Quantum mechanics

Video: Lecture 1 | Modern Physics: Quantum Mechanics (Stanford)

Lecture 1 of Leonard Susskind’s Modern Physics course concentrating on Quantum Mechanics.  Recorded January 14, 2008 at Stanford University.

Category : Education

LICENSE: Creative Commons (Attribution-Noncommercial-No Derivative Works).

 

Quantum mechanics

Quantum mechanics (QM – also known as quantum physics, or quantum theory) is a branch of physics which deals with physical phenomena at microscopic scales, where the action is on the order of the Planck constant.

The name quantum mechanics derives from the observation that some physical quantities can change only in discrete amounts (Latin quanta), and not in a continuous (cf. analog) way. For example, the angular momentum of an electron bound to an atom or molecule is quantized. In the context of quantum mechanics, the wave–particle duality of energy and matter and the uncertainty principle provide a unified view of the behavior of photons, electrons, and other atomic-scale objects.

The history of quantum mechanics

The earliest versions of quantum mechanics were formulated in the first decade of the 20th century.

At around the same time, the atomic theory and the corpuscular theory of light (as updated by Einstein) first came to be widely accepted as scientific fact; these latter theories can be viewed as quantum theories of matter and electromagnetic radiation, respectively.

Early quantum theory was significantly reformulated in the mid-1920s by Werner Heisenberg, Max Born and Pascual Jordan, who created matrix mechanics; Louis de Broglie and Erwin Schrödinger (Wave Mechanics); and Wolfgang Pauli and Satyendra Nath Bose (statistics of subatomic particles). Moreover, the Copenhagen interpretation of Niels Bohr became widely accepted.

By 1930, quantum mechanics had been further unified and formalized by the work of David Hilbert, Paul Dirac and John von Neumann, with a greater emphasis placed on measurement in quantum mechanics, the statistical nature of our knowledge of reality, and philosophical speculation about the role of the observer.

Quantum mechanics has since branched out into almost every aspect of 20th century physics and other disciplines, such as quantum chemistry, quantum electronics, quantum optics, and quantum information science.

Much 19th century physics has been re-evaluated as the “classical limit” of quantum mechanics, and its more advanced developments in terms of quantum field theory, string theory, and speculative quantum gravity theories.

The history of quantum mechanics is a fundamental part of the history of modern physics.

Quantum mechanics’ history, as it interlaces with the history of quantum chemistry, began essentially with a number of different scientific discoveries:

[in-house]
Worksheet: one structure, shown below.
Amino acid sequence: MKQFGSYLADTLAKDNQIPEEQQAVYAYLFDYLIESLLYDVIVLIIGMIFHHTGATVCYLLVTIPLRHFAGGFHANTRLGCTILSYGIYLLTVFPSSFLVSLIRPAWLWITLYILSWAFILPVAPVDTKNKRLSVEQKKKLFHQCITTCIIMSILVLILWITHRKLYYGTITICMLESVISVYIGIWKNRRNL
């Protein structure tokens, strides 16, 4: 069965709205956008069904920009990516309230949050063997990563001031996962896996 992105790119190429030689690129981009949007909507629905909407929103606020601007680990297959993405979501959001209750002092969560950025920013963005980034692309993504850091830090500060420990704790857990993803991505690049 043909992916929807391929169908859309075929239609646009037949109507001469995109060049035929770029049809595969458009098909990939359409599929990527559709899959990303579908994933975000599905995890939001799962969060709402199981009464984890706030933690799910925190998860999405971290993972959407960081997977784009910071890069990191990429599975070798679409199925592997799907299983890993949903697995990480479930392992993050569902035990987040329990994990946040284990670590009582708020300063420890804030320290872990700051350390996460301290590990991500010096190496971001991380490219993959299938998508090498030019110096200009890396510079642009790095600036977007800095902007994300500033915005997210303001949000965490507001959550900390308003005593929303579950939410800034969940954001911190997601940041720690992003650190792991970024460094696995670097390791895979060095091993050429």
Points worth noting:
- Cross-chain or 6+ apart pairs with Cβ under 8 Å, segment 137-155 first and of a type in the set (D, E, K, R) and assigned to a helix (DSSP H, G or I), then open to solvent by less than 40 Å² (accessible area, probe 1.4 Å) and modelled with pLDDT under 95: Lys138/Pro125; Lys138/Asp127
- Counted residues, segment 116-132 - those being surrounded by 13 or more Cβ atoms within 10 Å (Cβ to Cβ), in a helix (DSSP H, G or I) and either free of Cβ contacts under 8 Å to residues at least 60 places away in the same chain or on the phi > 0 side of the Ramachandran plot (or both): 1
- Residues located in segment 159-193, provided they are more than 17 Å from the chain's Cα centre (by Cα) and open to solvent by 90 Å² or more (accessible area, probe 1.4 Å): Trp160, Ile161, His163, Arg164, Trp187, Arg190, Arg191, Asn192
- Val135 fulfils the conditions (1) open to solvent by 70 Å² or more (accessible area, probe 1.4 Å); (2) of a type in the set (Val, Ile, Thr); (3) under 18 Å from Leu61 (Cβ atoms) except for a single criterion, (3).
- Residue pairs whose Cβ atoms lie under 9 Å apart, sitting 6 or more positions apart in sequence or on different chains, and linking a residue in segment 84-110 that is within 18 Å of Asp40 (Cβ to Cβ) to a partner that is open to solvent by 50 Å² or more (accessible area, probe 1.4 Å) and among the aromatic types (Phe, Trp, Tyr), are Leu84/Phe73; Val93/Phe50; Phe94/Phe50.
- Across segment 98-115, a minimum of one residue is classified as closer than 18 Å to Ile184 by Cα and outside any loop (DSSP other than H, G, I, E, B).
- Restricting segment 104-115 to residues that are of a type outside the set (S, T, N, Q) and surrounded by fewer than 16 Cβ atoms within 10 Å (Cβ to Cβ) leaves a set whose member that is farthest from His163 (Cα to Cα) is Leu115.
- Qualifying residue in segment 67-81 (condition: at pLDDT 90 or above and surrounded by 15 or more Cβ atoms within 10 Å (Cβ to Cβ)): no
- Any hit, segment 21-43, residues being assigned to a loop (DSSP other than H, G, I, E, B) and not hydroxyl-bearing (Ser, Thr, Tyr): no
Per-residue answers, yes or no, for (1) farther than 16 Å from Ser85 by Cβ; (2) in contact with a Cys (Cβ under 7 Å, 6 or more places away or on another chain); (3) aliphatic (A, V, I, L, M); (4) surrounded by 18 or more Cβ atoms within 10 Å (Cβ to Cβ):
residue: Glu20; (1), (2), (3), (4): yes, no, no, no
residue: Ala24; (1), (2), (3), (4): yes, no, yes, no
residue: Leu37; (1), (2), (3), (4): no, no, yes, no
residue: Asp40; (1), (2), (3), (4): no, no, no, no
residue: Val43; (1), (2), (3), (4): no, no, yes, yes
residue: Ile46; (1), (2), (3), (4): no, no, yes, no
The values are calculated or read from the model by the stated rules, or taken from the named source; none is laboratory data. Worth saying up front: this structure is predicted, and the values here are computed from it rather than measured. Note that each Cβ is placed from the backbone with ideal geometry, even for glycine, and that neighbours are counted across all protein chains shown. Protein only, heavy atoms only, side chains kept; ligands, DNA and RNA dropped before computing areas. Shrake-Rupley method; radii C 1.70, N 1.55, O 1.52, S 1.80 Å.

• the 1838 discovery of cathode rays by Michael Faraday;
  • the 1859-1860 winter statement of the black body radiation problem by Gustav Kirchhoff;
  • the 1877 suggestion by Ludwig Boltzmann that the energy states of a physical system could be discrete;
  • the discovery of the photoelectric effect by Heinrich Hertz in 1887;
  • and the 1900 quantum hypothesis by Max Planck that any energy-radiating atomic system can theoretically be divided into a number of discrete “energy elements” ε (epsilon) such that each of these energy elements is proportional to the frequency ν with which each of them individually radiate energy, as defined by the following formula:

ε = hν,   where h is a numerical value called Planck’s constant.

  • Then, Albert Einstein in 1905, in order to explain the photoelectric effect previously reported by Heinrich Hertz in 1887, postulated consistently with Max Planck’s quantum hypothesis that light itself is made of individual quantum particles, which in 1926 came to be called photons by Gilbert N. Lewis. The photoelectric effect was observed upon shining light of particular wavelengths on certain materials, such as metals, which caused electrons to be ejected from those materials only if the light quantum energy was greater than the Fermi level (work function) in the metal.

The phrase “quantum mechanics” was coined (in German, “quantenmechanik”) by the group of physicists including Max Born, Werner Heisenberg, and Wolfgang Pauli, at the University of Göttingen in the early 1920s, and was first used in Born’s 1924 paper “Zur Quantenmechanik”. In the years to follow, this theoretical basis slowly began to be applied to chemical structure, reactivity, and bonding.

A quantum dot is Nanotechnology?

Nanotechnology (sometimes shortened to “nanotech”) is the manipulation of matter on an atomic and molecular scale.